Eighty years ago, just after midnight on 28 March 1942, the British destroyer HMS Campbeltown crept up the estuary of the River Loire towards the heavily defended port of St Nazaire. Here lay an immense dry dock, the only facility on the west coast of France that German battleships such as the ferocious Tirpitz could use if they needed repair. Destroy the dock, and Tirpitz would be unable to sortie against the Atlantic convoys supplying Britain. The only way to do that, however, was to wreck the lock gate at the entrance. And that meant filling a ship with explosives, ramming it into the gate and blowing the whole lot up, while commandos jumped ashore to demolish the pumps, the winding gear and anything else they could.
That was the mission, codenamed Chariot, of the 623 sailors and commandos on board Campbeltown and the flotilla of motor launches she led. It is their story that Giles Whittell tells. It is not a new one: it has been the subject of two feature films, a slew of books, including an excellent recent one by Robert Lyman, and an engaging Jeremy Clarkson television documentary. Even the Greatest Raid title has been used before. Nonetheless, it is a story of extraordinary courage that does not get stale. Even if everything went right and the raiders somehow managed to sneak past the German defence batteries into St Nazaire and destroy their targets, they would have to fight their way back to the boats through the docks, in the teeth of fierce opposition, before running a six-mile gauntlet of enemy coastal batteries to reach the open sea. Few of those who set out could ever have expected to come home. Most of them did not.
Campbeltown was still almost a mile from the dock gates when the alarm went off and the night exploded as German gunfire swept the harbour. In the chaos, she rammed the caisson as planned and some of her commandos managed to get off and plant their demolition charges. Most of the motor launches were sunk or blown up even before their commandos could reach dry land, however, so no boats survived to evacuate the landing party. Not one man who went ashore got back to Britain by sea. The surviving commandos, many of them wounded, tried to break out of the town in the dark, but by morning most had been rounded up and taken prisoner. A handful ended their war in Colditz, while five lucky commandos, helped by the brave men and women of the Resistance, walked the 350 miles to neutral Spain and eventually made it home that way.
Later that day, the three tons of explosive hidden inside Campbeltown finally went up, destroying the dock gate. Chariot had achieved its main military objective, but the human cost was heavy. Some 16 French civilians died during or soon after the raid and probably more than 300 Germans were killed. Of the 623 British sailors and soldiers who went to St Nazaire, 169 died, 213 were captured, and just 234 returned to Britain. Five men received the Victoria Cross for valour, two of them posthumously. The only other second world war operation to see so many VCs won was the much later and longer battle of Arnhem in 1944.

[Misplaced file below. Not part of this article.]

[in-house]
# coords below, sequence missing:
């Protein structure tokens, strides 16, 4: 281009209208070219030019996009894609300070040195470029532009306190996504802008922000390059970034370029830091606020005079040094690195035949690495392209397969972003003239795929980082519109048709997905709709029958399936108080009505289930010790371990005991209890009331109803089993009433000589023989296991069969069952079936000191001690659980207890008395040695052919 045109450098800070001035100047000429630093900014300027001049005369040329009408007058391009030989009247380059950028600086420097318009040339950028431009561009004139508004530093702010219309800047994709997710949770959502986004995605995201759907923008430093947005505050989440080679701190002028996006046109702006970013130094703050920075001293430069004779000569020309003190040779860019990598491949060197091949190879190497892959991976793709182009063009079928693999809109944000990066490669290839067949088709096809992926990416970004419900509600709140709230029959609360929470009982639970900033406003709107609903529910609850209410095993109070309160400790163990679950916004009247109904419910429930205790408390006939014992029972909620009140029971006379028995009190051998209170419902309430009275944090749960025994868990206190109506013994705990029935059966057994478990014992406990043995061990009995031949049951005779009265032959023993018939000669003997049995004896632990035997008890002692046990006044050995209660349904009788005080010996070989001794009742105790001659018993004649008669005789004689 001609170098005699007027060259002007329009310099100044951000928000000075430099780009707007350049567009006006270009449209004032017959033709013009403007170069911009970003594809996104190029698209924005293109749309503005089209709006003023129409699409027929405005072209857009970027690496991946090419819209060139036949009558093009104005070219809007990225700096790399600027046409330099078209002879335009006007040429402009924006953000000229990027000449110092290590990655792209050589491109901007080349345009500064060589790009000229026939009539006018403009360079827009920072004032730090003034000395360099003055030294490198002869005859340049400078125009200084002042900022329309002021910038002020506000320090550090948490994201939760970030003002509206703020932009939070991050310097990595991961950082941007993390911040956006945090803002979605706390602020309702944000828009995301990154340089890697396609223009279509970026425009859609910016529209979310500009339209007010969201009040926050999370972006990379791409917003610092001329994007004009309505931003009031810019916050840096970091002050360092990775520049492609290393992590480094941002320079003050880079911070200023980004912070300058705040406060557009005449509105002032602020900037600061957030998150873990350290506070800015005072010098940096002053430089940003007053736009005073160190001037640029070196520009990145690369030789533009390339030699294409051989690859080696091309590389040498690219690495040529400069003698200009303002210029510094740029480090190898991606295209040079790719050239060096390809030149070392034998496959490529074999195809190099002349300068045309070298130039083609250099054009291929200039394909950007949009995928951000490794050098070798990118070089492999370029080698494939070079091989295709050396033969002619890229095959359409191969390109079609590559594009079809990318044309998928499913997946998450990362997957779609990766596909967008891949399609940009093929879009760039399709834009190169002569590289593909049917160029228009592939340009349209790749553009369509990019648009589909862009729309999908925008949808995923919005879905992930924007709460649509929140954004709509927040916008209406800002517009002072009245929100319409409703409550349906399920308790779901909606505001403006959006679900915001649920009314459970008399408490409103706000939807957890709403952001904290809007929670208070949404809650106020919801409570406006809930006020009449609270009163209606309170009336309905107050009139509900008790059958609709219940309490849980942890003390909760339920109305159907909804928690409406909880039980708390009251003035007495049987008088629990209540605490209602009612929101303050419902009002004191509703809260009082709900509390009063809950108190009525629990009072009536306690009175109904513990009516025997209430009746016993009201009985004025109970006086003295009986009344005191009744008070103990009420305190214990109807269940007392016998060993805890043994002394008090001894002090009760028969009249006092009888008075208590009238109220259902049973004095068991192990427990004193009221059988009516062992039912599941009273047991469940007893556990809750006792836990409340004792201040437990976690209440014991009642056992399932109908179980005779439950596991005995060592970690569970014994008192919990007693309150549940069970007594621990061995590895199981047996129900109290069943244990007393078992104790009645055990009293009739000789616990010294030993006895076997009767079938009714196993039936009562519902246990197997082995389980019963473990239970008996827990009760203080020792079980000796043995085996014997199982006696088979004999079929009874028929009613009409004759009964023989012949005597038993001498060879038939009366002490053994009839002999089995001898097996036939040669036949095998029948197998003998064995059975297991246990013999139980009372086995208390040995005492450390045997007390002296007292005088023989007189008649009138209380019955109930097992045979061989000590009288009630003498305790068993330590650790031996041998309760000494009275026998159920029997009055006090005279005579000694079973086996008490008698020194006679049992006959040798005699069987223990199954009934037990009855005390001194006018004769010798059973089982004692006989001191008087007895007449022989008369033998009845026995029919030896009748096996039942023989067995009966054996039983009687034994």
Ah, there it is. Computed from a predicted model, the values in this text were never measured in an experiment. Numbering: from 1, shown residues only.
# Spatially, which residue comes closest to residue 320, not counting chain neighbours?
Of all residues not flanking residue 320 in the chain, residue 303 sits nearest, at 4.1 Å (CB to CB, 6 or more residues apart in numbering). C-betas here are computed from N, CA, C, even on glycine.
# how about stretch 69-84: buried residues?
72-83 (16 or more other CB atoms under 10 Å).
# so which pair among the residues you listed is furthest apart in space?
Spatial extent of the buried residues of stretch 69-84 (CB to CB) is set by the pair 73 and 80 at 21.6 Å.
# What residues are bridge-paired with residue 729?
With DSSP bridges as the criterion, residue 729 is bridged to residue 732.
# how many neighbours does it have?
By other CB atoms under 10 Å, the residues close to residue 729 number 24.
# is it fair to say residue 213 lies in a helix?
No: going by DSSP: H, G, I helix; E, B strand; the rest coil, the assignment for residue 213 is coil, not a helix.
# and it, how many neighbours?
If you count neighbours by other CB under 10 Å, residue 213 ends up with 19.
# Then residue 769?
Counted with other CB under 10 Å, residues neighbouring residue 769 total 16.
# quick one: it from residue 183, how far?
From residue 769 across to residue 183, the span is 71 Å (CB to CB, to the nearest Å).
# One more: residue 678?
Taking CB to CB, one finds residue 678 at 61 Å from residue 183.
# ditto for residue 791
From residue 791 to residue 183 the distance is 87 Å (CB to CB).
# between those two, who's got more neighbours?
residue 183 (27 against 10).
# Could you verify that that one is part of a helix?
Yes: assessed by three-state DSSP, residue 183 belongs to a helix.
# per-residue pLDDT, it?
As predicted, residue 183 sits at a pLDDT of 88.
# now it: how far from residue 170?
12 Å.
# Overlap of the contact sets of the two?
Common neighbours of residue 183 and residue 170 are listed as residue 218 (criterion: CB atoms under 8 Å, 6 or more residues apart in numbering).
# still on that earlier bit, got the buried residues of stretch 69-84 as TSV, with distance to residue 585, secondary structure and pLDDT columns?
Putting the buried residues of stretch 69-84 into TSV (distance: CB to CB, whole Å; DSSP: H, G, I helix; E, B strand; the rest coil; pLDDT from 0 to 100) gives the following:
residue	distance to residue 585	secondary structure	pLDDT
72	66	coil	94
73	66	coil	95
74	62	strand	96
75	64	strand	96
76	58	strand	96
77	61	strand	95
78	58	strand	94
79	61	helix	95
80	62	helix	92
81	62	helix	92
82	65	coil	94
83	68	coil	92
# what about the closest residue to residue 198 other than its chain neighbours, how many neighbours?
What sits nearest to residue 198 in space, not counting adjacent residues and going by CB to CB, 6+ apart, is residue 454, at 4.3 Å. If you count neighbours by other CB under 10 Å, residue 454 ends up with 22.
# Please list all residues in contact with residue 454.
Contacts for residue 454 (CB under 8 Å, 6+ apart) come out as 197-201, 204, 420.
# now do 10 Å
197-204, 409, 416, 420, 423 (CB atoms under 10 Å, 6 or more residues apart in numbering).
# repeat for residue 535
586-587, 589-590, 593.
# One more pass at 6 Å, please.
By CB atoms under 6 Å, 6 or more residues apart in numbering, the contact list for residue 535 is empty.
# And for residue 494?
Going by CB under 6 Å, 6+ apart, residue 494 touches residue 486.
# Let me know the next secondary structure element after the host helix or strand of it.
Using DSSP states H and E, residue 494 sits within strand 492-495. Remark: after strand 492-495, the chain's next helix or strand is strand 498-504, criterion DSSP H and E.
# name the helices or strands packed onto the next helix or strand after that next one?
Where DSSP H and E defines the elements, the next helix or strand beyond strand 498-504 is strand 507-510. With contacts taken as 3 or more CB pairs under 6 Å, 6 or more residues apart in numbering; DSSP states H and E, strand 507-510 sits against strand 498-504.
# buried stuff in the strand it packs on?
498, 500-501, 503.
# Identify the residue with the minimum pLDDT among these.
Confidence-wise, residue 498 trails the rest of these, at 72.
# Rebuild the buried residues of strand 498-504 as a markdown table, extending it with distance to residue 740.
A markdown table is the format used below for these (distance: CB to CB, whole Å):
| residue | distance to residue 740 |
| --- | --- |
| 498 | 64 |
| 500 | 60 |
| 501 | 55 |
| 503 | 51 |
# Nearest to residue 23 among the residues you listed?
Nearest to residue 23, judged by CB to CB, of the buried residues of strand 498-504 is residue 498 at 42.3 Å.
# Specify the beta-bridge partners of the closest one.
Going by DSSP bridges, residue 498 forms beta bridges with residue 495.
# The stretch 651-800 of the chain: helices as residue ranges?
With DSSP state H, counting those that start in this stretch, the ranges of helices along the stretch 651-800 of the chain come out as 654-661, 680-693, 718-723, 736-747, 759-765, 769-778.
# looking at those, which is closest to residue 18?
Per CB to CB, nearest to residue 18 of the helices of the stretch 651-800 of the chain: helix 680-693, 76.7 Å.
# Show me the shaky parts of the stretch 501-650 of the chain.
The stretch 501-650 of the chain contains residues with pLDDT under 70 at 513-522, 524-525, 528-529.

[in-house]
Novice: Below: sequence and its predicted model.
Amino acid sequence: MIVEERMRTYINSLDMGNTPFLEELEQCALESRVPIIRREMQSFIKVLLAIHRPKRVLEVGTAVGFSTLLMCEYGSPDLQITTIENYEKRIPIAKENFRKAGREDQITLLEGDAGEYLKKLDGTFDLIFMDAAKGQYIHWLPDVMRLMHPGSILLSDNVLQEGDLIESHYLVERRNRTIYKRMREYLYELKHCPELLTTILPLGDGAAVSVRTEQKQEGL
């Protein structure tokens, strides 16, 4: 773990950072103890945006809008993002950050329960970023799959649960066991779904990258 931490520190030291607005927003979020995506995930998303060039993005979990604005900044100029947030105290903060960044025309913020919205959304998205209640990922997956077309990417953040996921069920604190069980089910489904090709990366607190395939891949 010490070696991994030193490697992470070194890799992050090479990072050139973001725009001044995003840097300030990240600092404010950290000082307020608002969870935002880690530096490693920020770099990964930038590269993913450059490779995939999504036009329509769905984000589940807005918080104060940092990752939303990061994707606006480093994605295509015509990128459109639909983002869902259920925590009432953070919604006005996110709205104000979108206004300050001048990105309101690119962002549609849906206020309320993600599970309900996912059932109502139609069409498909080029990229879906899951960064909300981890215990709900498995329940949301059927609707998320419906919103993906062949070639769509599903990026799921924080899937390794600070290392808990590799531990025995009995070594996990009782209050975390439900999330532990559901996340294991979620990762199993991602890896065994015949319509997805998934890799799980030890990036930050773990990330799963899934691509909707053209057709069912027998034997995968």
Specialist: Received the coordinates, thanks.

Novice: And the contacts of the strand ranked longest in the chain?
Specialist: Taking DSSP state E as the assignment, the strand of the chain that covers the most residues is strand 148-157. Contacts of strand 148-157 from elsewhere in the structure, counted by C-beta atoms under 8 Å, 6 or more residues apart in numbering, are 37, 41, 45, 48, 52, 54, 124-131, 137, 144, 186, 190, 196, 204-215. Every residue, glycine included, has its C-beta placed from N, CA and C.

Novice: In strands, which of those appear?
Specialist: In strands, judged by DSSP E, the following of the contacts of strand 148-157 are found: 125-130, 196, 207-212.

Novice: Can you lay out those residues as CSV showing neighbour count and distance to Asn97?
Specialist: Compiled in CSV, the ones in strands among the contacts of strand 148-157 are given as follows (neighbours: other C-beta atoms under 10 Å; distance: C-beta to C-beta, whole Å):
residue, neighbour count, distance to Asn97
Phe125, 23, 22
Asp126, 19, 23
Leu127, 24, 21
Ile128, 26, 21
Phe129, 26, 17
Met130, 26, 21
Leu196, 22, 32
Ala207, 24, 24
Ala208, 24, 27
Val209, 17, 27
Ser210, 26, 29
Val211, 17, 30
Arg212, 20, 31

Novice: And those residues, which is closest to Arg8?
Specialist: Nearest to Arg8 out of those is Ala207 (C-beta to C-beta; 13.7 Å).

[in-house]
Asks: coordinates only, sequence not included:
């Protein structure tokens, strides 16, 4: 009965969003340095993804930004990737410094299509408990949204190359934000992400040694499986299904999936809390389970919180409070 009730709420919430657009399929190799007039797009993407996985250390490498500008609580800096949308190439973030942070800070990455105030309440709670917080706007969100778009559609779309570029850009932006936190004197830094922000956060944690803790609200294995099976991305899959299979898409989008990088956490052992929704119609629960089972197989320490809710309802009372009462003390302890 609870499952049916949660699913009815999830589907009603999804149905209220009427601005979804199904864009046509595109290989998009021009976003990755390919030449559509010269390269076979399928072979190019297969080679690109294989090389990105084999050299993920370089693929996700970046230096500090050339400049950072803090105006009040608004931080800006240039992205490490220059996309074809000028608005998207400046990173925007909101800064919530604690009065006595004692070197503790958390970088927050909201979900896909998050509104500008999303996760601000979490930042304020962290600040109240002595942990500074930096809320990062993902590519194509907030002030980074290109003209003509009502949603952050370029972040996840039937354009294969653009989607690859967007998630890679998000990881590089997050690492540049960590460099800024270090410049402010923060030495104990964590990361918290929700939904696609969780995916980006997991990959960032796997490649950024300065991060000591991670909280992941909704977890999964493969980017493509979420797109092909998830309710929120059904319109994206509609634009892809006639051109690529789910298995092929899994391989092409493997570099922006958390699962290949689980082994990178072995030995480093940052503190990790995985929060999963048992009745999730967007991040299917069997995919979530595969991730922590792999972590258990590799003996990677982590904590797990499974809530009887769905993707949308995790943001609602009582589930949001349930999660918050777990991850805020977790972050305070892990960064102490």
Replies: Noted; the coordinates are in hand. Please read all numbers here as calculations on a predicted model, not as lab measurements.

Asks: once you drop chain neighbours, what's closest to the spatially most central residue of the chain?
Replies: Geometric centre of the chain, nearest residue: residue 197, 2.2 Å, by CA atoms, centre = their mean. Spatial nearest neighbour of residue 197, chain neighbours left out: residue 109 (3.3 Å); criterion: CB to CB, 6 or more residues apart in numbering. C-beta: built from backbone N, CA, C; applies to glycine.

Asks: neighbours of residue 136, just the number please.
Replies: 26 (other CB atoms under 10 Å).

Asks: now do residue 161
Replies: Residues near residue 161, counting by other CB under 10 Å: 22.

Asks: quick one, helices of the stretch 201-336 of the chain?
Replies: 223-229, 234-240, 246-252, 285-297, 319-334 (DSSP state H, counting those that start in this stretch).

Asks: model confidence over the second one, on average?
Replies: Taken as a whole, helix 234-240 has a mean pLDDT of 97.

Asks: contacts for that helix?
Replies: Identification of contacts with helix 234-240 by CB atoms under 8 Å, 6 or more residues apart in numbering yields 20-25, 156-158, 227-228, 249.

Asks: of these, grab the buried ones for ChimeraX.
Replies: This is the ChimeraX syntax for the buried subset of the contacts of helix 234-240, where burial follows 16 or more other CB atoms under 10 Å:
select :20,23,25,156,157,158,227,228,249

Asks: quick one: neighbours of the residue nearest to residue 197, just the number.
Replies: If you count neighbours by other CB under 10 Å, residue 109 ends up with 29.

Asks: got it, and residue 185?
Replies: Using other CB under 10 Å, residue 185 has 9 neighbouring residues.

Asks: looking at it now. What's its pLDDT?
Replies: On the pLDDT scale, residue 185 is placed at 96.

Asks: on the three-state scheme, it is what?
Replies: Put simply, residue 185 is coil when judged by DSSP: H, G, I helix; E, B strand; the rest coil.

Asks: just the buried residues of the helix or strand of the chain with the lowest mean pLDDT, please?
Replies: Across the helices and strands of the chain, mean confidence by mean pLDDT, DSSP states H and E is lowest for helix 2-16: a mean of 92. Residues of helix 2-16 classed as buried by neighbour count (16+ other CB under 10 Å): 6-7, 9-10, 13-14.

The St Nazaire raid was about more than destroying a dry dock, however. It was also designed to prove that ‘butcher and bolt’ raids on the enemy-held coast were a good use of resources, and especially of élite manpower, and to disarm the many doubters and critics of the chief of Combined Operations, Lord Mountbatten. Without Chariot there might have been no further raids such as the much larger, and ultimately disastrous, attack on Dieppe five months later.
More importantly, the St Nazaire raid was intended to show Britain’s allies, enemies and indeed her own people that she was not finished yet. It is easy now to forget how poorly Britain’s war seemed to be going in early 1942. After two years of non-stop defeats and disasters, the rampages of the Axis powers across the globe appeared unstoppable. The USSR seemed likely to be forced out of the war before the USA could get into it, and Singapore’s tame surrender a few weeks earlier had made it look as if British troops could not, and perhaps would not, fight. Chariot was as much a media event as an operation of war, designed to capture the headlines. It worked: ‘Splendid success: scene of blazing destruction,’ trumpeted the Timesthe next day. The world of communications and spin is one which Whittell, himself an experienced journalist, knows well; and this is the section of his book that sings, even as it reminds us that war is always, as Clausewitz famously wrote, a deeply political act.
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